TARPON SPRINGS — History is repeating itself in the historic city of Tarpon Springs.
In the recently renovated Tarpon Springs Cultural Center — which was built in 1915 as the city’s first City Hall — artist Elizabeth Indianos has re-created a mural depicting the history of the city, from the 1500s when Spanish conquistadors arrived on Florida’s shores right up to references to present day.
In 1975, while Indianos was the artist in residence for the City of Tarpon Springs, she began painting a similar outdoor mural on the corner of Tarpon Avenue and Alt U.S. 19. She’d received a National Endowment for the Arts grant and developed programming including an extensive mural program. After doing research on the city’s history from 1975 to 1979, she and a collective of artists painted The Spirit of This Place as cars whizzed by.
The mural was covered up by the building’s owner decades ago. So when the City of Tarpon Springs decided to renovate the cultural center, Indianos was commissioned by the Public Art Committee to re-create the painting, in an indoor gallery leading to the center’s theater.
Indianos started the new mural, titled This Blessed Plot, This Earth, when the pandemic hit. She left it for a few months and eventually returned, but with the uncertainty of the pandemic looming, found it difficult emotionally.
“I had some tough times in here,” she said. “(I remember) looking back and thinking, ‘I don’t know if we’re going to make it or not, but I’m painting these people to be with us, still.’ We can continue history. And I would be overwhelmed with the thought that they’re here still because I’m bringing them back. I’m grateful to make this.”
Many of the characters from the original piece remain, including the conquistadors, early Native Americans in Florida including Seminole Chief Billy Bowlegs, and Frederic Remington-inspired cowboys.
“Yes, there are nightmare stories about every one of these scenarios,” Indianos said. “Florida has a complicated history. ... But I didn’t want it to be about that. I wanted it to be each one of these people having the story of when they were at their heights.”
She researched histories of important Native American women and imparted a strong feminine energy into those characters. That same energy is represented in many of the critters in the painting, including the raccoon and the mighty owl that commands attention at the top.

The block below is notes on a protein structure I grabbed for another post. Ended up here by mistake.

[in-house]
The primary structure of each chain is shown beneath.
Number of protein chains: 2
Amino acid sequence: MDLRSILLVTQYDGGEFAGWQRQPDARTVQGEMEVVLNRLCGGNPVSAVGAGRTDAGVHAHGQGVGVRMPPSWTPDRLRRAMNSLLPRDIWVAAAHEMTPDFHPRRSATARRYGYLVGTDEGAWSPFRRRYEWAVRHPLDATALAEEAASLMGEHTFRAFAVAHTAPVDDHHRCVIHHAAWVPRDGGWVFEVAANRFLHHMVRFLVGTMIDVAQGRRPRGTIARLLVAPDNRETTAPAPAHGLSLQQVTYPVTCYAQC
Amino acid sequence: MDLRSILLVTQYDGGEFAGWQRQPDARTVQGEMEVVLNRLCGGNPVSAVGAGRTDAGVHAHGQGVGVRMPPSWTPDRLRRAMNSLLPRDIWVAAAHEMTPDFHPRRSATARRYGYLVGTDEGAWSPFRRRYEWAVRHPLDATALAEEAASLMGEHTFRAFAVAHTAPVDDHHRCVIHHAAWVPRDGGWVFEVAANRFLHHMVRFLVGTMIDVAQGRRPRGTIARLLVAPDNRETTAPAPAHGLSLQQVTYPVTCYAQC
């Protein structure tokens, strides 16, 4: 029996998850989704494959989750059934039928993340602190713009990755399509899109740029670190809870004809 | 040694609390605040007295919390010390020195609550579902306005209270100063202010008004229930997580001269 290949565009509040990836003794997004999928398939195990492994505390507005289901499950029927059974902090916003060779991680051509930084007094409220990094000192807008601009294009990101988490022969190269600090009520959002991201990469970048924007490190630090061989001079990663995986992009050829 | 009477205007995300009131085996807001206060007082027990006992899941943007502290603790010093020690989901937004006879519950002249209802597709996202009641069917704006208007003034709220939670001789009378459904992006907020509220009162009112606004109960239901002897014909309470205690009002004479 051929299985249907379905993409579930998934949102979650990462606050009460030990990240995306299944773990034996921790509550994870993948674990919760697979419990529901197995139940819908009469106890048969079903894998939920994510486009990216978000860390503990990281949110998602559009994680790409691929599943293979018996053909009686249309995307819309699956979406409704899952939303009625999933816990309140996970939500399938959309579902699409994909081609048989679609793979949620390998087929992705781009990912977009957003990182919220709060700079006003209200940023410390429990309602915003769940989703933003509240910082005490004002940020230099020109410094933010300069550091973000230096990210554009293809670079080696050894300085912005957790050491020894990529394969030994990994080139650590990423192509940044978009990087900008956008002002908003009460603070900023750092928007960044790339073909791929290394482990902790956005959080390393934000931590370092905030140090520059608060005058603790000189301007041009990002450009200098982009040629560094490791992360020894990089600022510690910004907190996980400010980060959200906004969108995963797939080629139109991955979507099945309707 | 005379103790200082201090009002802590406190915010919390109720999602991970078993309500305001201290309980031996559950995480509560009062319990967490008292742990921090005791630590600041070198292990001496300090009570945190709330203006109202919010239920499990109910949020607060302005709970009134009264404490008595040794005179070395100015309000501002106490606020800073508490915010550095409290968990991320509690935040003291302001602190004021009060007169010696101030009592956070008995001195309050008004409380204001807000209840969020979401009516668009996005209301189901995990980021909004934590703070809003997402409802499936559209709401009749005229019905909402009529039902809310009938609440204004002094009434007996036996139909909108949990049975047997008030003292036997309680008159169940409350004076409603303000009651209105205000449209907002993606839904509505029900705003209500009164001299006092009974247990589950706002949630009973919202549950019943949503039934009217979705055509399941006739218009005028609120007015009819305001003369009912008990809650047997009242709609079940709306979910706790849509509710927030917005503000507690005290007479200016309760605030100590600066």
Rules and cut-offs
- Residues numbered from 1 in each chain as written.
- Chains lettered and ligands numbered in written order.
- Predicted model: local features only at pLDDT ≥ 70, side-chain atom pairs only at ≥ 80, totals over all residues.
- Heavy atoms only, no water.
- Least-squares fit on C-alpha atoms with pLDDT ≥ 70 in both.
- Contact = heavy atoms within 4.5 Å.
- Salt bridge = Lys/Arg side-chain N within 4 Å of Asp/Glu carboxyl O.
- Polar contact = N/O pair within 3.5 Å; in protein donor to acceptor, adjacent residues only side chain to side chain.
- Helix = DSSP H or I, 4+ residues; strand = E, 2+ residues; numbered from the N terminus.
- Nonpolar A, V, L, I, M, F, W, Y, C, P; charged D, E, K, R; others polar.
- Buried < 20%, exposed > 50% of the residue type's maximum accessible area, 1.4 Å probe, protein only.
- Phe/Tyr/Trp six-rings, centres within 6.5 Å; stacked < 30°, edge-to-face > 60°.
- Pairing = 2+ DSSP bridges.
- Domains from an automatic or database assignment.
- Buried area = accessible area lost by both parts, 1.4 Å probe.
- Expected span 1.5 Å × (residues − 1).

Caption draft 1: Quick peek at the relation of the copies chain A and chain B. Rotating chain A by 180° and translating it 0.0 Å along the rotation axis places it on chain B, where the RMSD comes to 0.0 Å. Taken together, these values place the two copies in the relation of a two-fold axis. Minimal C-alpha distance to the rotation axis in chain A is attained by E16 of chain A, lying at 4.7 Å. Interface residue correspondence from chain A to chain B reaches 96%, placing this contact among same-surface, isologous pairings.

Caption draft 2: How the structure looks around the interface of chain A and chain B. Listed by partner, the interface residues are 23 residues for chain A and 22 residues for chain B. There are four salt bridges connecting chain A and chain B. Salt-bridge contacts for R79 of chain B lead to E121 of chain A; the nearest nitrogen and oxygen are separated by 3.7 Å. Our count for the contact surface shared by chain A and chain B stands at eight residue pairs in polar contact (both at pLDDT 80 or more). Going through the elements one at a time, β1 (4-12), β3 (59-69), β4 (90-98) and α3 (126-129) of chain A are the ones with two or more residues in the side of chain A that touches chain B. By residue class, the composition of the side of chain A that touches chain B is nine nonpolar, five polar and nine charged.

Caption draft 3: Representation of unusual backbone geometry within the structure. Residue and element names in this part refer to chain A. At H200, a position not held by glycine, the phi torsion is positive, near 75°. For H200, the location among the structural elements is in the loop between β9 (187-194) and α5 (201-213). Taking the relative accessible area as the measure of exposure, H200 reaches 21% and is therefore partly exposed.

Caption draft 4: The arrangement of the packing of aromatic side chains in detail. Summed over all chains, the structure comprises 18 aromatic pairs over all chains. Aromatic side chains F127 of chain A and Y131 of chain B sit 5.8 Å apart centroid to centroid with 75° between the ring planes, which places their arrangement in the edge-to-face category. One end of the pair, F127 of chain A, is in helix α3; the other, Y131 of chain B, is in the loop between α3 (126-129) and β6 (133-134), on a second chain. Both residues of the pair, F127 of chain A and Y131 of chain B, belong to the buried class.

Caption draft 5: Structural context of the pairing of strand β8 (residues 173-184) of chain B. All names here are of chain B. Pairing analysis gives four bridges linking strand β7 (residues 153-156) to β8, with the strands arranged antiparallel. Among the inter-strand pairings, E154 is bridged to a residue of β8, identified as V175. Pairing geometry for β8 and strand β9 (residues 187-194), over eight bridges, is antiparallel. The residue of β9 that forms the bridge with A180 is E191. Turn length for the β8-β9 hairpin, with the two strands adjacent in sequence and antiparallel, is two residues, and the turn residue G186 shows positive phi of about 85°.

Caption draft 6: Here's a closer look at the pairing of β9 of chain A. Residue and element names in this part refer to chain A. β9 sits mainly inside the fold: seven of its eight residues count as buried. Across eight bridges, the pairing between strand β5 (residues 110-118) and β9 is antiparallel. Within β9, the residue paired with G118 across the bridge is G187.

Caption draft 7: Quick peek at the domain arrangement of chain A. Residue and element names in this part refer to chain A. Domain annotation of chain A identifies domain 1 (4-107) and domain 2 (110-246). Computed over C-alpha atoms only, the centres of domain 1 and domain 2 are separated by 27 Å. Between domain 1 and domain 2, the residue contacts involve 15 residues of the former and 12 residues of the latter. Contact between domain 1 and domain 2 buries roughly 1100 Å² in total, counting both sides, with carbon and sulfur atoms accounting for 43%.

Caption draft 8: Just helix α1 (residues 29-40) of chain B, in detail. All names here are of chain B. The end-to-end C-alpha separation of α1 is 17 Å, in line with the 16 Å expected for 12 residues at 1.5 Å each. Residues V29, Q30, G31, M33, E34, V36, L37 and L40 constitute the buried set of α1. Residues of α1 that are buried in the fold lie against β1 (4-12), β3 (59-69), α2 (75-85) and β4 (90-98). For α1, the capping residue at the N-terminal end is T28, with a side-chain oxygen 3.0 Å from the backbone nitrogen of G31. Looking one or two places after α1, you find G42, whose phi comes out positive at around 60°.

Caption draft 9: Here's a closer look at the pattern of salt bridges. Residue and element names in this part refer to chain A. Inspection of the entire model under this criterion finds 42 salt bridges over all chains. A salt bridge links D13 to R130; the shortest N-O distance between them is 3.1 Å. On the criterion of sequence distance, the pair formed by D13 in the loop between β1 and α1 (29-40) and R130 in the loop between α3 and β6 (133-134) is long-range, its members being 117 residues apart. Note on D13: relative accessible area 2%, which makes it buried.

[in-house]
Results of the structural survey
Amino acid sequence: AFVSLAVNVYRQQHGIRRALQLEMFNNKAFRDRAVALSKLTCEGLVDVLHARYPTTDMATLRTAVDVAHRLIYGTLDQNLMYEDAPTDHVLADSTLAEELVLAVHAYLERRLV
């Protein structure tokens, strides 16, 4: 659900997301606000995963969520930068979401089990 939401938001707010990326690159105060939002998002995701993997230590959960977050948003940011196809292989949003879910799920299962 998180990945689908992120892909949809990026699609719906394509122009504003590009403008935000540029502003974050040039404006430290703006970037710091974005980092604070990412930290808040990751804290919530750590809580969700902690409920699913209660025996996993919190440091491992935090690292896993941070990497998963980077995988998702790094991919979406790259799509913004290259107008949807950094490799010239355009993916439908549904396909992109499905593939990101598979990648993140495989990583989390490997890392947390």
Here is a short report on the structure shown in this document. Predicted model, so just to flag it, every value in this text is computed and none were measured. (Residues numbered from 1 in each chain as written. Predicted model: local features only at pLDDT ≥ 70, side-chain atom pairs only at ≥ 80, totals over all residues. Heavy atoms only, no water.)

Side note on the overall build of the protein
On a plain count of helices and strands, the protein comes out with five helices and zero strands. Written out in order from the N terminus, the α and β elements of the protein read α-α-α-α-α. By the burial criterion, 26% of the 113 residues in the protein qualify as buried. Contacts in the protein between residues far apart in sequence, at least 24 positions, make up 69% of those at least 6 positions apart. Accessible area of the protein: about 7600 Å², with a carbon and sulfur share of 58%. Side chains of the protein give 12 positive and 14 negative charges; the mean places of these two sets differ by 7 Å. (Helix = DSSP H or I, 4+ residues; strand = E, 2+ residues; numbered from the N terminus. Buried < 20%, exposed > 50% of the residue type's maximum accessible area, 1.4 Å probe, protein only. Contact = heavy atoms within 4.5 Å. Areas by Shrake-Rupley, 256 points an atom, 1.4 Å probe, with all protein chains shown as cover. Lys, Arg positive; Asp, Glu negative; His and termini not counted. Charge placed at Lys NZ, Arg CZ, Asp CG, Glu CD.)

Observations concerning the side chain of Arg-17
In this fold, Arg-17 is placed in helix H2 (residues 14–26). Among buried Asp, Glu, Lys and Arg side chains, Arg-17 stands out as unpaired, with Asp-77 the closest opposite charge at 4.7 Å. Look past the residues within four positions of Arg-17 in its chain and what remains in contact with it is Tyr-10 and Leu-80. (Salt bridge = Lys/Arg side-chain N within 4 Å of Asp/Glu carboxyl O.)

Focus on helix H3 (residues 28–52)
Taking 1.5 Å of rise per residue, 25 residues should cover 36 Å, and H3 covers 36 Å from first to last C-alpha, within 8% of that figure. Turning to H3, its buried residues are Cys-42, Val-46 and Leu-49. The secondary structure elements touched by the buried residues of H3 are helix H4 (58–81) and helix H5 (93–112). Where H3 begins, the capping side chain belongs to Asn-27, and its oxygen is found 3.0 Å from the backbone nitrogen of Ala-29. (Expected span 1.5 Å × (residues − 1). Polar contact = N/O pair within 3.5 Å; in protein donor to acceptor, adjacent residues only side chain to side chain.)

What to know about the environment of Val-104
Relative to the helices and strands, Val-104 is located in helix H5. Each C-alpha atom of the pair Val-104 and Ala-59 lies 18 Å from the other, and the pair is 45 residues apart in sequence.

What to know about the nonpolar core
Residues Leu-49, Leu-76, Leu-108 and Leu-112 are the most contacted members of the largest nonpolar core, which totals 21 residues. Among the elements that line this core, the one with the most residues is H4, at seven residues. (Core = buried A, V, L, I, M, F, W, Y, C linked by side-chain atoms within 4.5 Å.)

Elements from Tarpon’s history include the Anclote Key Lighthouse of 1887, the Orange Belt Railway of 1888, the steamboat Mary Disston from the 1880s and many historic houses. There’s a Greek sponge diver and a group of Epiphany divers.
Local floral and fauna are included, as well as three alligators, a tarpon and a pelican. Monarch butterflies migrating along Florida’s coast are metaphors for the various groups of people who have migrated through Florida.
The only living person in the mural is Annie Doris Dabbs, who stewards the Rose Cemetery, the city’s African American burial ground.
Above the door is a painting that Indianos didn’t make. It depicts an instrument, a painter’s palette and a marionette. It was there before and she chose to let it remain.
Indianos is also a writer, and is working on a play based on the mural that will be performed in that space. Characters from the mural will come to life.
“I feel like this is half done,” she said.
She’s grateful to the city for thinking it was important to paint the mural more than 40 years ago and to bring it back.
“I just love this city so much,” she said. “That it’s here in the old city hall, I’m very happy.”
If you go
Beginning June 29, the mural can be viewed at the Tarpon Springs Cultural Center from 1 to 3 p.m. Tuesdays and Saturdays through Oct. 1, when the center’s hours will be expanded. On June 29, a dedication ceremony for the Tarpon Springs Old City Hall state marker happens at 1 p.m., with a reception inside with a meet and greet with Indianos. 101 S Pinellas Ave. 727-942-5605. tarponarts.org. For more information about Indianos, visit elizabethindianos.com.